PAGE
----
• This activity is intended for students who are developing familiarity and confidence with creation and interpretation of simple graphs. A ruler could also be used to measure the length of the spring if students are able to translate measurements into a graph.
  • It is important that each student should make a spring and does not have to passively observe others doing so. The measurements can be done with just one spring for each student. Alternatively, springs could be made from different materials and different wire gauges. In fact anything that stretches will give a set of graphs to discuss.
  • Allow students to ‘ruin’ their springs by over-stretching them.
  • Encourage students to find answers to questions such as:
    • "Does the spring stretch regularly?"
    • "What happens if too large a load is attached?"
    • "Does a spring always ‘spring’ back to its original shape?"
    • "Can you put a stretched spring back into its original shape?"
  • For able students, you could point out that the number of masses is the input variable, or independent variable, of this investigation, and that the length of the spring is the output variable or dependent variable. Also, tell students that the usual convention is to plot the input (independent) variable on the x axis of a graph and the output (dependent) variable on the y axis. You could explain that they, as investigators, have complete control of the input (independent) variable but can only observe and measure the output (dependent) variable.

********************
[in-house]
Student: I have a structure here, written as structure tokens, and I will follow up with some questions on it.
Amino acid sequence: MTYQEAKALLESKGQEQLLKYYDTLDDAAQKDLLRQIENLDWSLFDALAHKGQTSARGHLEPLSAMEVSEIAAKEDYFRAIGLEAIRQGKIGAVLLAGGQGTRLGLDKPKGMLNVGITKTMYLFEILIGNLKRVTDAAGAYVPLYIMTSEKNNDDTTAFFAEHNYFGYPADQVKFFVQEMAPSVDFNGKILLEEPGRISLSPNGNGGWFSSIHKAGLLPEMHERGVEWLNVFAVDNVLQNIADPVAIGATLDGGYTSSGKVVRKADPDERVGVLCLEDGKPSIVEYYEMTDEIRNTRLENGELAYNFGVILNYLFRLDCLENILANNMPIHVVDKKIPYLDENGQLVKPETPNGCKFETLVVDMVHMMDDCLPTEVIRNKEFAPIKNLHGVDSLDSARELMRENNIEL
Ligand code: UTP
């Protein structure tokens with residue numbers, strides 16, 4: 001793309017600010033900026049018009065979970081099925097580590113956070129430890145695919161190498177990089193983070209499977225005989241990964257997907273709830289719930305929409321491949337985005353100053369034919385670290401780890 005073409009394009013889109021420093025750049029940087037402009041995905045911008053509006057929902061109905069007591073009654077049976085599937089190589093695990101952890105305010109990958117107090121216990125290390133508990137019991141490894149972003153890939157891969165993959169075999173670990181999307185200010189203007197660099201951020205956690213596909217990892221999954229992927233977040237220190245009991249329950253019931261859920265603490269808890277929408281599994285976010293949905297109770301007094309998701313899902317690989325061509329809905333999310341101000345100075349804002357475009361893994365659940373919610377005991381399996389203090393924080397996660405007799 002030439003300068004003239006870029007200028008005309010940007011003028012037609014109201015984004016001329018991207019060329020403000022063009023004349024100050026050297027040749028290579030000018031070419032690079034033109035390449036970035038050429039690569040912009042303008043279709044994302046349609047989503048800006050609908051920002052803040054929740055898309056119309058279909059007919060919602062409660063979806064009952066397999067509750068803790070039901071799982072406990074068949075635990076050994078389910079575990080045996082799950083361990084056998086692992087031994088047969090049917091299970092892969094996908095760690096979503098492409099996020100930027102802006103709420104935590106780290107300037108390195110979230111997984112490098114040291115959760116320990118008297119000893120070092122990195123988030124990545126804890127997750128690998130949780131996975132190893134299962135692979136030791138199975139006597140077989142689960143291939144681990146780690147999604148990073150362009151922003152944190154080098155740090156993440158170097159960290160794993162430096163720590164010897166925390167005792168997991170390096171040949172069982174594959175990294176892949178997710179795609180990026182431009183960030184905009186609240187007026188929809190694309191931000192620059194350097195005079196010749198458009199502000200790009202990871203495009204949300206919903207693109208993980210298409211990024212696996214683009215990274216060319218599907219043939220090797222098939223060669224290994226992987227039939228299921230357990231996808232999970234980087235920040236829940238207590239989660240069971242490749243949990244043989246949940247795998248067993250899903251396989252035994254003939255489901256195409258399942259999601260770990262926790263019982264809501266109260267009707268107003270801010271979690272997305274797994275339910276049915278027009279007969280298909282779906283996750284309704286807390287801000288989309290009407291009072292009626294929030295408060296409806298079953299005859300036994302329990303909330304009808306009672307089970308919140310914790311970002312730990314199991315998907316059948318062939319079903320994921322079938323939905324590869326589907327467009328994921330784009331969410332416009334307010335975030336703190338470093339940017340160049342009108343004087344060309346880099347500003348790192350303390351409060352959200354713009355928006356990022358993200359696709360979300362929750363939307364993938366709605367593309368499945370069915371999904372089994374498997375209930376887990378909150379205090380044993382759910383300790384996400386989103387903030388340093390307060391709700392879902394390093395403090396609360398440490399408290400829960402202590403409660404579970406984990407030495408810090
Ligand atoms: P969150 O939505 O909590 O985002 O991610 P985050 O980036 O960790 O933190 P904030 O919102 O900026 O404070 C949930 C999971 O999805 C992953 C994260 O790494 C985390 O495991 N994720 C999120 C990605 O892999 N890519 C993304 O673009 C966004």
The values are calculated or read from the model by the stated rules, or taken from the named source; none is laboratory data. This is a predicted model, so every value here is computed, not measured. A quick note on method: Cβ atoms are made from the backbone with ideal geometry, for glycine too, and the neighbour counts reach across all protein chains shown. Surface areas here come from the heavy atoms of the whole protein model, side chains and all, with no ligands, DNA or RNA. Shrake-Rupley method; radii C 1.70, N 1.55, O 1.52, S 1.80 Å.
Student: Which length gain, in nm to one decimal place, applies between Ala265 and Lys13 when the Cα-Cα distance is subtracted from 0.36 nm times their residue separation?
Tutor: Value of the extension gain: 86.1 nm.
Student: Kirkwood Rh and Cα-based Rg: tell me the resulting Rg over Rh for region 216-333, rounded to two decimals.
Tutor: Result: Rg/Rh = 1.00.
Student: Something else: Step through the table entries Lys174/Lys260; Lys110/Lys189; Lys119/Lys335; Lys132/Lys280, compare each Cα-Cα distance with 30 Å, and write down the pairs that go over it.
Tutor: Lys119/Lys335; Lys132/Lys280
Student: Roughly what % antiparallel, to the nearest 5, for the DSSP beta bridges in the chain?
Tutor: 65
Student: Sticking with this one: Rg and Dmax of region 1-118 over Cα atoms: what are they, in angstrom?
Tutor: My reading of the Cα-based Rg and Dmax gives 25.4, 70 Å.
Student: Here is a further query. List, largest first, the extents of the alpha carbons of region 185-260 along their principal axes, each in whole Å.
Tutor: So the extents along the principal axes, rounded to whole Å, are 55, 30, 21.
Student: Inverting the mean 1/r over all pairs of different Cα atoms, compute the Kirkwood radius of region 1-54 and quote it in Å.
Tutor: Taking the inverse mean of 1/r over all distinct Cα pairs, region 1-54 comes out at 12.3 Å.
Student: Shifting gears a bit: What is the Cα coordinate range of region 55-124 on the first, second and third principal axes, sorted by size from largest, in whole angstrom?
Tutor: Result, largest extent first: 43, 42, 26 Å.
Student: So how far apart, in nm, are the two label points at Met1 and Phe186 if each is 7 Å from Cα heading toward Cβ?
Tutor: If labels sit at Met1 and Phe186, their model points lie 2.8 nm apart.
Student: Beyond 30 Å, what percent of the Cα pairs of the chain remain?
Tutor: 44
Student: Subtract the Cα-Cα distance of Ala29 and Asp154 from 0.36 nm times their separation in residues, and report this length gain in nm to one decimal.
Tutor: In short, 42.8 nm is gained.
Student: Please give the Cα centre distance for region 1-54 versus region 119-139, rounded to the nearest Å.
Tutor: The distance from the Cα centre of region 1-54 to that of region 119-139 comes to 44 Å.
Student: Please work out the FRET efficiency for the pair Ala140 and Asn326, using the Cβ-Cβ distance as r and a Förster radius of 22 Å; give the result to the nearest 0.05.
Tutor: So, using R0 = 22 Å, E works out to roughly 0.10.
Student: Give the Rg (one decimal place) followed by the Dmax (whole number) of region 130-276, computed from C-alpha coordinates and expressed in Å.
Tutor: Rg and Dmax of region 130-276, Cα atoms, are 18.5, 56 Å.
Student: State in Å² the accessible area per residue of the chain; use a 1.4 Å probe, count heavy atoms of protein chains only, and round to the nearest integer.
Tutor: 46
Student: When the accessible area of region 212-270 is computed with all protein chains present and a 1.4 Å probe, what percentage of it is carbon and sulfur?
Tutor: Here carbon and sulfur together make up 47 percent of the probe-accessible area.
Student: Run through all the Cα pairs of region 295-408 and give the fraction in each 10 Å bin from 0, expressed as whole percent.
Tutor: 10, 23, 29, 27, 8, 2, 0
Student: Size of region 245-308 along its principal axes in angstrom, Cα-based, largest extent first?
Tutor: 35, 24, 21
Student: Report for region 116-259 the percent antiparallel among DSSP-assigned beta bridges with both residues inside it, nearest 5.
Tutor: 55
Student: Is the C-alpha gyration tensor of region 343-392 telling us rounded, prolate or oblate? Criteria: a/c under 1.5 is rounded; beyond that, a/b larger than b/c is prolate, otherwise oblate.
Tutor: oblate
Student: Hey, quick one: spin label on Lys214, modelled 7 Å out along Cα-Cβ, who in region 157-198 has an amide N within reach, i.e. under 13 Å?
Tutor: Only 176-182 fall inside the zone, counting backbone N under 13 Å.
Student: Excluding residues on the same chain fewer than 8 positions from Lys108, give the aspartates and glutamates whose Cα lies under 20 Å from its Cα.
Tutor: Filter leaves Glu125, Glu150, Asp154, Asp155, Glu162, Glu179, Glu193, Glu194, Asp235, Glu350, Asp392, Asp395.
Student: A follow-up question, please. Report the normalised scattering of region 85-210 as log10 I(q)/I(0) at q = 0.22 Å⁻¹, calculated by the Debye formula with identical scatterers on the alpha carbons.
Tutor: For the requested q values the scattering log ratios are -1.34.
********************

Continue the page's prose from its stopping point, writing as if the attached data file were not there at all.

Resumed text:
• By cutting off the initial spring’s length from each tape, the graph becomes one of extension against number of masses. Ask students to draw a horizontal line across the graphs at the original length, and then cut along this line.
  • How Science Works Extension: The results of this extension can be summarized as Hooke’s law. This experiment thus gives an opportunity to discuss what is meant by a ‘law’ in physics, and the etiquette of scientific publishing.
  • Robert Hooke (1635-1703) was a few years older than Newton. He studied springs for a specific practical reason: he wanted to devise an improved spring-driven watch. Hence it was important to understand the behaviour of springs. He studied both linear and spiral springs.
  • It was important to Hooke to be able to claim priority in the discovery of his law, but at the same time he did not want his competitors to benefit from his findings. He therefore published a summary of his findings in the form of an anagram:
  • “ceiiinosssttuv”
  • Later, he revealed that it was an anagram of a sentence in Latin. Decoded, it said:
  • “Ut tensio, sic vis.”
  • In English, this is:
  • “As the extension increases, so does the force.”